If I were recommending these voir dire questions to an attorney, my recommendation would be to ask them at the very end of voir dire. This is for two reasons. First, voir dire time is limited and these questions cannot become a distraction to the real goal of voir dire, which is to identify and eliminate high-risk jurors. This is the most important task in voir dire and must be the priority. In fact, in situations where voir dire time is significantly limited (for instance, I recently had a case where the federal judge allowed each side a total twelve minutes of voir dire), I would not recommend attempting this strategy. The second reason for asking these questions at the end of voir dire is that it probably makes sense to have this discussion as close in time to the actual opening statement as possible since the attorney will want to have elements of opening that are a natural extension of these note-taking recommendations.
In the opening statement, these questions tee the attorney up to initiate the process of structuring the jurors’ note-taking in a way that does not give rise to an objection. For example, without making any recommendation at all, the attorney can simply walk up to the 3M pad, draw a line down the middle, and write “Issue” and “Evidence” at the top of each column. The context created in voir dire will allow jurors to understand what is going on. The attorney’s act of creating the cover page should prime/encourage jurors to do the same. In doing so, the attorney is not making an argument or anything of the sort, which should help him or her avoid objections. From there, the attorney should use this list throughout trial. On the left side, identify key issues. On the right side, write down exhibit numbers, etc.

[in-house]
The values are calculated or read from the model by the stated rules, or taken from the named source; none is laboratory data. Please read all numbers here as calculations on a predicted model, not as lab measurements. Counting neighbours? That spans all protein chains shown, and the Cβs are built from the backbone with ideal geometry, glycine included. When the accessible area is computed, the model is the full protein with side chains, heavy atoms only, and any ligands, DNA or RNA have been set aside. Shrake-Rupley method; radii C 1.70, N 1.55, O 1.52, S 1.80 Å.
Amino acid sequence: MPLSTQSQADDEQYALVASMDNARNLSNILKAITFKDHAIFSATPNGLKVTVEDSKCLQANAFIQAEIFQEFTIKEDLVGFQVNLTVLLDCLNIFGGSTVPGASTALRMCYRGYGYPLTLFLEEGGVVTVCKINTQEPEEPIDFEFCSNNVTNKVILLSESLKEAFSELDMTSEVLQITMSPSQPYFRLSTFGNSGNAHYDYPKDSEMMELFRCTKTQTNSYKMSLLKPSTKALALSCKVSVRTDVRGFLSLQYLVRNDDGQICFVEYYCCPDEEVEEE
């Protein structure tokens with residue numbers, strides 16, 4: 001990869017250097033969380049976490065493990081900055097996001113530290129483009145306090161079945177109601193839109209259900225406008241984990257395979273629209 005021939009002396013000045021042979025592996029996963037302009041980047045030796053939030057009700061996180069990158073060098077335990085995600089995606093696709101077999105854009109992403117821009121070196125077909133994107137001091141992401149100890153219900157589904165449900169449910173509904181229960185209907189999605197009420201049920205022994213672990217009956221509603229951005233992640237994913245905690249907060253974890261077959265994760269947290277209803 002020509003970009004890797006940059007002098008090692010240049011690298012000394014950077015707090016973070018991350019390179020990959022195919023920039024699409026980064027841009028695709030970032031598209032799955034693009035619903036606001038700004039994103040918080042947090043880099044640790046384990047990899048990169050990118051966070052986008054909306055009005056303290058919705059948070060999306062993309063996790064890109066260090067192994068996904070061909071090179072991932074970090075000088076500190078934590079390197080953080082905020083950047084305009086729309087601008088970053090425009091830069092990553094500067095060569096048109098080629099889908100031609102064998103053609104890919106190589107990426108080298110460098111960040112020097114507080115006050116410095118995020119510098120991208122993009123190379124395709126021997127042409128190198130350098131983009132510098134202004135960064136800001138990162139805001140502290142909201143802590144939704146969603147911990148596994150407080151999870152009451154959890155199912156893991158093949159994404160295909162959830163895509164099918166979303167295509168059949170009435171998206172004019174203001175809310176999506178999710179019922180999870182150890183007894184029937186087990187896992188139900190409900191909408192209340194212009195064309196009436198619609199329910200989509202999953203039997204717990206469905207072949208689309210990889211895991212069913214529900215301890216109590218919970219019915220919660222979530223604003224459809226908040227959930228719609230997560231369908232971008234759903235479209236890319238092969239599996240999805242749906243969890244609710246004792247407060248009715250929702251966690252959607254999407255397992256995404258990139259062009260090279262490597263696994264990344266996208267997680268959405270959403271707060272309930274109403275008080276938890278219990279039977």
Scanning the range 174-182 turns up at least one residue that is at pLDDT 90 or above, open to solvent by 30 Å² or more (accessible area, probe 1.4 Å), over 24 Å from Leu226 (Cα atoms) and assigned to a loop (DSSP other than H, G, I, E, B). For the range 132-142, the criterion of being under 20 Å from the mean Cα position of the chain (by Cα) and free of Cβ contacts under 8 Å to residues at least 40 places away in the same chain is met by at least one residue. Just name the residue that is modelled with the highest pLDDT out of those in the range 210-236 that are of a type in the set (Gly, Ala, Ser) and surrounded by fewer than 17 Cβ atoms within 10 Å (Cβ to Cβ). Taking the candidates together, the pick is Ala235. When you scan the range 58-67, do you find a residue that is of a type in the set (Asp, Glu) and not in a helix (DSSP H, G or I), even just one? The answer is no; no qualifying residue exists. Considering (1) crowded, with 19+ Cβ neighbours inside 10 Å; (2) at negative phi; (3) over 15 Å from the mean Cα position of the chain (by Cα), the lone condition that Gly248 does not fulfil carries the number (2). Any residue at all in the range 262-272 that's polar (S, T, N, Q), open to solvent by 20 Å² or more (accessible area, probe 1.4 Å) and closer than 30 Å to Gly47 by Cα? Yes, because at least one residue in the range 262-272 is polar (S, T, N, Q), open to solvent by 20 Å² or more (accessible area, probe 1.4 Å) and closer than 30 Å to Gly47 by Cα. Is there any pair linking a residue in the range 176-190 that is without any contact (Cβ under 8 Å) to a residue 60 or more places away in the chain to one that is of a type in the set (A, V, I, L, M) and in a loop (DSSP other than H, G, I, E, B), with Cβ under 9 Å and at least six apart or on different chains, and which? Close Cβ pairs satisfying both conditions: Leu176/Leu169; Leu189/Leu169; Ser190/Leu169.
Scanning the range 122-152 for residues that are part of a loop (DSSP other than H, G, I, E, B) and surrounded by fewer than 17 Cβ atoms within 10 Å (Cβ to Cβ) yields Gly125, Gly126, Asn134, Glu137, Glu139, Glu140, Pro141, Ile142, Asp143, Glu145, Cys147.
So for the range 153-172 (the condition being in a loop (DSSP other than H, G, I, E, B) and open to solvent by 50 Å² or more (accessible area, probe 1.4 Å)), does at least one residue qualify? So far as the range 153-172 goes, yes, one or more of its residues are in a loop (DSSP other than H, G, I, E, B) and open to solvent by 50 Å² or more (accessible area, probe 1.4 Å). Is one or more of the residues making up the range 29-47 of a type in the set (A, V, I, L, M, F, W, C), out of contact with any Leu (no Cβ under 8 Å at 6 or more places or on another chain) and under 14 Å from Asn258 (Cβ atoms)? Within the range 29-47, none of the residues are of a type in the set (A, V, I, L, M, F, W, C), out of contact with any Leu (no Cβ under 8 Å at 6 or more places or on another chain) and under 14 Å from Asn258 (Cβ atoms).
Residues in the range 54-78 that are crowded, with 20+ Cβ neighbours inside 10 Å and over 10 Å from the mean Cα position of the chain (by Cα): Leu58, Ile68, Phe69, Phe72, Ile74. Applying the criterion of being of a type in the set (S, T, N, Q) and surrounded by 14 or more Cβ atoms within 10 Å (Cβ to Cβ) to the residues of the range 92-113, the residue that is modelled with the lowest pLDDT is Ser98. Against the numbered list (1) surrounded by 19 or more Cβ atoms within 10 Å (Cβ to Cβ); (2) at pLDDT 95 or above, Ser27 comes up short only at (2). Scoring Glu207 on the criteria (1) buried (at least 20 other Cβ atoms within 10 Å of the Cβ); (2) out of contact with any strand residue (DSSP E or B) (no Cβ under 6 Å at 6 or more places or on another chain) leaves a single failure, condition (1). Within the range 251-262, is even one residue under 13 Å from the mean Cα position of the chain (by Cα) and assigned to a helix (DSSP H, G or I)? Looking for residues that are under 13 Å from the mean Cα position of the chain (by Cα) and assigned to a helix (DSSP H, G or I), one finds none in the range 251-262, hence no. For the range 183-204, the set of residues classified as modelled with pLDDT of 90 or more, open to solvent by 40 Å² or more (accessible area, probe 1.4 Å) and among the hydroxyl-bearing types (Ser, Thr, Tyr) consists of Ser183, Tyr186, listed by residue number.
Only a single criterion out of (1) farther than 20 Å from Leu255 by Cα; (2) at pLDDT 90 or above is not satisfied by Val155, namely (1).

The critical element of this strategy is avoiding a situation where the list becomes too cluttered or overwhelming. Remember: if everything is important, nothing is important. The goal is to essentially create a clear, understandable index of the issues the attorney wants to have at the forefront of the discussion during deliberations. This requires some tough decisions by the attorney about what is and what is not important. But honestly, these tough decisions need to be made regardless of whether or not the attorney engages in this note-taking recommendation strategy.
Since this is essentially new territory for strategy development and recommendations, I would love to hear your thoughts, concerns, objections, modifications, etc. I am an old debate nerd who really enjoys these kinds of discussions about new and interesting ways to tackle issues at trial, so shoot me an email (email@example.com) with your thoughts.